- Key Difference. Under the Amended Reform Proposal, any cleared swap would be treated for purposes of the United States Bankruptcy Code as a “commodity contract” and thus subject to certain protections under the Bankruptcy Code.
Registration, Capital, Conduct and Reporting Requirements. Under the Amended Reform Proposal, as under previous legislative efforts, dealers, major market participants, derivative clearing organizations and clearing agencies would have to register, subjecting them to minimum capital and margin requirements, as well as a host of new business conduct, reporting and disclosure rules. Under the Amended Reform Proposal, to the extent they transacted with both swaps and security-based swaps, such entities would be subject to dual registration with both agencies under the (regardless of whether or not such entities are already registered with the other agency).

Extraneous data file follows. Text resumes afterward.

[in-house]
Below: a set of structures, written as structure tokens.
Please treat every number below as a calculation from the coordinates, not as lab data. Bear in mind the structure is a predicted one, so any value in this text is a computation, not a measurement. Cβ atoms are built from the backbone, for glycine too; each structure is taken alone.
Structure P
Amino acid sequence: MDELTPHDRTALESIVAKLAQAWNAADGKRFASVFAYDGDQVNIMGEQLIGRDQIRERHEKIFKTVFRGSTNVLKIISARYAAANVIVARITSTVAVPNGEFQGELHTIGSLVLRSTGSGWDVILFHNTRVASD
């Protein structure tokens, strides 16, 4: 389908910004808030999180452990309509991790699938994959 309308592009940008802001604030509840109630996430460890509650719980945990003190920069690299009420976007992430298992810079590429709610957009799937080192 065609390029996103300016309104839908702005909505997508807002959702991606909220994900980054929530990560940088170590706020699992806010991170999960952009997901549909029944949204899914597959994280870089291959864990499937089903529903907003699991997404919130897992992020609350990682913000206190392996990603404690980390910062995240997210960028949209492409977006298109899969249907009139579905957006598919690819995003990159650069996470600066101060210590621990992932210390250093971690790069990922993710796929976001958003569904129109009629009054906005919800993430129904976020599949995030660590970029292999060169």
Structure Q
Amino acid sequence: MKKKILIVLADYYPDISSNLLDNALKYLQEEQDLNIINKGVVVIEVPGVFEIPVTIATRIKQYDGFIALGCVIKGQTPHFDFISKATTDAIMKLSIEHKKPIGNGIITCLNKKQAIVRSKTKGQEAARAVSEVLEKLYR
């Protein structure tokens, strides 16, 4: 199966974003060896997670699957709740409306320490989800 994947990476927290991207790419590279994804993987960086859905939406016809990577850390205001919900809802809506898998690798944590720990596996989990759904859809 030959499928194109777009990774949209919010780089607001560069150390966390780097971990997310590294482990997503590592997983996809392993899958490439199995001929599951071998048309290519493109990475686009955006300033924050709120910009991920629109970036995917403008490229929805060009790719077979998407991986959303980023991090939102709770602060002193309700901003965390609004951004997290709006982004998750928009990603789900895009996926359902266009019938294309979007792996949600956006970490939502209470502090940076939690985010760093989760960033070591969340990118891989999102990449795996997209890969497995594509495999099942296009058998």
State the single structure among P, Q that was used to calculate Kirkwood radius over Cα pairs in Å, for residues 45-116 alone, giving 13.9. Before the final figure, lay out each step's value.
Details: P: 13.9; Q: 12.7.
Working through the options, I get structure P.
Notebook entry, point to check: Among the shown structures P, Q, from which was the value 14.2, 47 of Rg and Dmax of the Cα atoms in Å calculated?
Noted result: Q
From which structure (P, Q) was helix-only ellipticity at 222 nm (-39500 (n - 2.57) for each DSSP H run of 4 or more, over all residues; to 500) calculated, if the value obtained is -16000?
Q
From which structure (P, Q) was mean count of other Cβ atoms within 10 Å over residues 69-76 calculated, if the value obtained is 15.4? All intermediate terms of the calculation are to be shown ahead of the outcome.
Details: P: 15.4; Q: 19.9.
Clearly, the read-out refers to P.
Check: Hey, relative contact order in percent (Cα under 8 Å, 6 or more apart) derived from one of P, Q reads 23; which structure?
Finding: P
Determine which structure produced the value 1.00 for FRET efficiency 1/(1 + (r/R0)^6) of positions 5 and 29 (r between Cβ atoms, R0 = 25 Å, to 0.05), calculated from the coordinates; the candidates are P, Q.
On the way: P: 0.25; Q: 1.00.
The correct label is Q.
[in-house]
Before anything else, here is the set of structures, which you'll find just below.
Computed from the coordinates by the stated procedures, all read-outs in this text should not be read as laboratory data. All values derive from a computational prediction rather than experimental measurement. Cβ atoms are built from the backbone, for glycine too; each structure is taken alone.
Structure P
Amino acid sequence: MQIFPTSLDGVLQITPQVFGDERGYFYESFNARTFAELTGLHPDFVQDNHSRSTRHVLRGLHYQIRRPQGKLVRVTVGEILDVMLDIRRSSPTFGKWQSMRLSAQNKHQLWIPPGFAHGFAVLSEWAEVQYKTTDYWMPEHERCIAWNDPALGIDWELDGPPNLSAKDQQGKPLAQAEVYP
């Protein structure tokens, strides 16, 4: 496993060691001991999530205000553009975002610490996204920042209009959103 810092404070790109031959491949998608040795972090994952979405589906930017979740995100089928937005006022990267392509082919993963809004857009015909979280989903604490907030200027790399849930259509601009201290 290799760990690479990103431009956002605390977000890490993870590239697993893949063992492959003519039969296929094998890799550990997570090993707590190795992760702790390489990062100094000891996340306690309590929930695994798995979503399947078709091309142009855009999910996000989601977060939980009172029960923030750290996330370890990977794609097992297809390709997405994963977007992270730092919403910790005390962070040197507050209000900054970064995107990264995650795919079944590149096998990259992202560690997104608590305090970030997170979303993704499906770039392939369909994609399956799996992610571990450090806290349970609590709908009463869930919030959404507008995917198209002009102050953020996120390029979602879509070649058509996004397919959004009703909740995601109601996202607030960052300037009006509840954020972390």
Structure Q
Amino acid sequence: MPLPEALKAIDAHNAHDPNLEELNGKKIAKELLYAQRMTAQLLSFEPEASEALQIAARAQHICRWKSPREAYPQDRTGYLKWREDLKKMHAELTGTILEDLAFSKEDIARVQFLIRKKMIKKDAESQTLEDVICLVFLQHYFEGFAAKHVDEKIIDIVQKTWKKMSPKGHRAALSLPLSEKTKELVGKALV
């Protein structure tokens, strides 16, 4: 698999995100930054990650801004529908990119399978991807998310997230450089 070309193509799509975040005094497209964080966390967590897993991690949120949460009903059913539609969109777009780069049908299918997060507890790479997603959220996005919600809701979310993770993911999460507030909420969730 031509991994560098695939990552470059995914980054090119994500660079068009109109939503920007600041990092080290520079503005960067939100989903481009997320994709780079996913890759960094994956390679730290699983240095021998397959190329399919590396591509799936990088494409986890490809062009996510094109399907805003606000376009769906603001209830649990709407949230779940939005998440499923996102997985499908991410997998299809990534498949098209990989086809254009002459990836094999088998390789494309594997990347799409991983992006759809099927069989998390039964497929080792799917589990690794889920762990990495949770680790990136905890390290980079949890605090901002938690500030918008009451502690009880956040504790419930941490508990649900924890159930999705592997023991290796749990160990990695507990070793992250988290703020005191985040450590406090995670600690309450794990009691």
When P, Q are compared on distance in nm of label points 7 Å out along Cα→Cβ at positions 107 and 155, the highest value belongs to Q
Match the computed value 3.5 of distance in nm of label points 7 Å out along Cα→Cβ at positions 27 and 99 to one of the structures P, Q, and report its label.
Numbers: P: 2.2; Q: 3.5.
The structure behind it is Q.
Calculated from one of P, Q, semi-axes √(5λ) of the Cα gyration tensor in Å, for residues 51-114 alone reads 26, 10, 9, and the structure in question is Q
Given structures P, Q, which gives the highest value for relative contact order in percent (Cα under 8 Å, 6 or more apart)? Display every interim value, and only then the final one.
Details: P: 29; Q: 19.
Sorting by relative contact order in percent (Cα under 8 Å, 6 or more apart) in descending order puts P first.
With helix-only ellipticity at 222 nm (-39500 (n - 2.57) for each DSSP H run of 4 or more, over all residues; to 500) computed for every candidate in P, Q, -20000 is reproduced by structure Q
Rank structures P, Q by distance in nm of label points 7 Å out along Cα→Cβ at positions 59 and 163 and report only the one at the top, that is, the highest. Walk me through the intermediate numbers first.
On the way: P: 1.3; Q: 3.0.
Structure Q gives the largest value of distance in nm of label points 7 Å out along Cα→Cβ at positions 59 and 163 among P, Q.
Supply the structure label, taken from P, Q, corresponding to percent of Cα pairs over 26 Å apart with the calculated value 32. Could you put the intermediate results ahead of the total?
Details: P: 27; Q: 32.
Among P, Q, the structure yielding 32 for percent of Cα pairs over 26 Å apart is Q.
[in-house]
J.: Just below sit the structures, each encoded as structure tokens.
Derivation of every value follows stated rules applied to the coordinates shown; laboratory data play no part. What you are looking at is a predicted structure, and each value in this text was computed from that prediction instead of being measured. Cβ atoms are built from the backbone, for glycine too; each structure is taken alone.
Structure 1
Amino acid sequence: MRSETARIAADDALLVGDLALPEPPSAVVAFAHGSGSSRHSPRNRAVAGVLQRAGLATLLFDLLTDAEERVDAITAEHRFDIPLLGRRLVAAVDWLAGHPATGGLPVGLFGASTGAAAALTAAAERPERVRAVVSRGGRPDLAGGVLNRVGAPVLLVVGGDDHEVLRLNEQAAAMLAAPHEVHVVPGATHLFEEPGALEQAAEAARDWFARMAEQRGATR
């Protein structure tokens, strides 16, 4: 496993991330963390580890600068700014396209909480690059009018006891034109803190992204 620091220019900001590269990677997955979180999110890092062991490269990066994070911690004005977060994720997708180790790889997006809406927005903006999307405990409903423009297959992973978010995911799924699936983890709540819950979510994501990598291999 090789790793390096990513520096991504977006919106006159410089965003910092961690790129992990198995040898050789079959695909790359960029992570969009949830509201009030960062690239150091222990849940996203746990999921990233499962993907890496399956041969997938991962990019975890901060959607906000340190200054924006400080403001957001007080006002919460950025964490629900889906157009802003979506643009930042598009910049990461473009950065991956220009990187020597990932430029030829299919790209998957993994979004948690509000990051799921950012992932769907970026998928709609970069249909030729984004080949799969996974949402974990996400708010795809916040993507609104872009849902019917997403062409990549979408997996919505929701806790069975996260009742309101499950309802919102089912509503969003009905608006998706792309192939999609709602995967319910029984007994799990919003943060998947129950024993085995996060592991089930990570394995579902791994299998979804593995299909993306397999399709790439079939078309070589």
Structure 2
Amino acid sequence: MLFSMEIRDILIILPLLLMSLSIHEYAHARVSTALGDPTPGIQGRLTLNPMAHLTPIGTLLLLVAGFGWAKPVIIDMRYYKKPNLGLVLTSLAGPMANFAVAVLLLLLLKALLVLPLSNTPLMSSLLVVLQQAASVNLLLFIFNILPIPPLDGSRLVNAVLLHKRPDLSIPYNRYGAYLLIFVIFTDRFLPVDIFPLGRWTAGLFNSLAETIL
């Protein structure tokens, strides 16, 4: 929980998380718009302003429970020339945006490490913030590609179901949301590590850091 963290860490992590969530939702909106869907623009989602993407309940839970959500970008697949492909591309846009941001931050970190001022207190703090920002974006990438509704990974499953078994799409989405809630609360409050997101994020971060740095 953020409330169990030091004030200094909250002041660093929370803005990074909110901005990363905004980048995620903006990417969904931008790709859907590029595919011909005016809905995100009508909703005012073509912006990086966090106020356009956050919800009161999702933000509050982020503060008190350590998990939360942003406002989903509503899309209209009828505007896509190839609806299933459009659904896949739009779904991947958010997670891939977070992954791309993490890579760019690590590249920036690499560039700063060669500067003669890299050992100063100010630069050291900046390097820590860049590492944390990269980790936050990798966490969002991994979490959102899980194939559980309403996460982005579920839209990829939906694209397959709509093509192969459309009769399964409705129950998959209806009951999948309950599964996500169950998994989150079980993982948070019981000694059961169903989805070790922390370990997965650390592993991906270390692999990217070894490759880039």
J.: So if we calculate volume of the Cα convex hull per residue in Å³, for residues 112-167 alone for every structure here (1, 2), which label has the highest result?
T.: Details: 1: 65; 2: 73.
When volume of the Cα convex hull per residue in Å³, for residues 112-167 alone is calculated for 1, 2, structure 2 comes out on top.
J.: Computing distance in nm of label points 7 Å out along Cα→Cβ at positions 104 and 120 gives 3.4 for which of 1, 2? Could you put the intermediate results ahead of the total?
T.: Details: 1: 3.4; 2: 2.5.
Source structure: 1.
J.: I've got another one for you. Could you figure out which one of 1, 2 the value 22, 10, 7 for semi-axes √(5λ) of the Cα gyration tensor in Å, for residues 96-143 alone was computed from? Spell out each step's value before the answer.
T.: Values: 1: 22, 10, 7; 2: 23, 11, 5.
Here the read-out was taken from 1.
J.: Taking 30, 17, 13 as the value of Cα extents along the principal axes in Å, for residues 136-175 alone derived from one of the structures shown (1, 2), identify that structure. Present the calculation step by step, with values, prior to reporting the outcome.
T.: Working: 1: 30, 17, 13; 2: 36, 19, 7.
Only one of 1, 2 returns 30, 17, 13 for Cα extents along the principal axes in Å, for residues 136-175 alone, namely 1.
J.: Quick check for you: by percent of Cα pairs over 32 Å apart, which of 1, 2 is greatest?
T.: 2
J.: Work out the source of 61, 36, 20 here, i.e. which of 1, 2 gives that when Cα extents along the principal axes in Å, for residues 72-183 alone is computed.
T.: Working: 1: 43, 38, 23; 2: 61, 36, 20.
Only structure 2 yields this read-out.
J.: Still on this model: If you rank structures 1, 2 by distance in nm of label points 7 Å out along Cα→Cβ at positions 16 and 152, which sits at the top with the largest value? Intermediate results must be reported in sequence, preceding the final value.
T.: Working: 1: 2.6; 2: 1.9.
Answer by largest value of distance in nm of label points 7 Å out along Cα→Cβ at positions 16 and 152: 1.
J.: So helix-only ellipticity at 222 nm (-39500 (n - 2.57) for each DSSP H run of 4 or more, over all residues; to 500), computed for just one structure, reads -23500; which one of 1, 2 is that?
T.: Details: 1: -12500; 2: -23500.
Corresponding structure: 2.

- Key Difference. The Amended Reform Proposal appears to go further. It would make it unlawful for any person that was not registered with the CFTC as a futures commission merchant to accept funds or other assets (or extend credit in lieu thereof) from a swap customer as margin, guarantee or collateral for any swap cleared through a derivatives clearing organization.
- Key Difference. Under the Amended Reform Proposal, swap dealers and major market participants would have a fiduciary duty to certain counterparties, including states, municipalities or other political subdivisions, and pension plans, endowment plans or retirement plans, when such swap dealers and major market participants provide advice regarding, or offer to enter into, swaps or security-based swaps, with such counterparties. The imposition of this fiduciary duty would represent a shift from current market practice, as well as the House Bill’s proposed rules.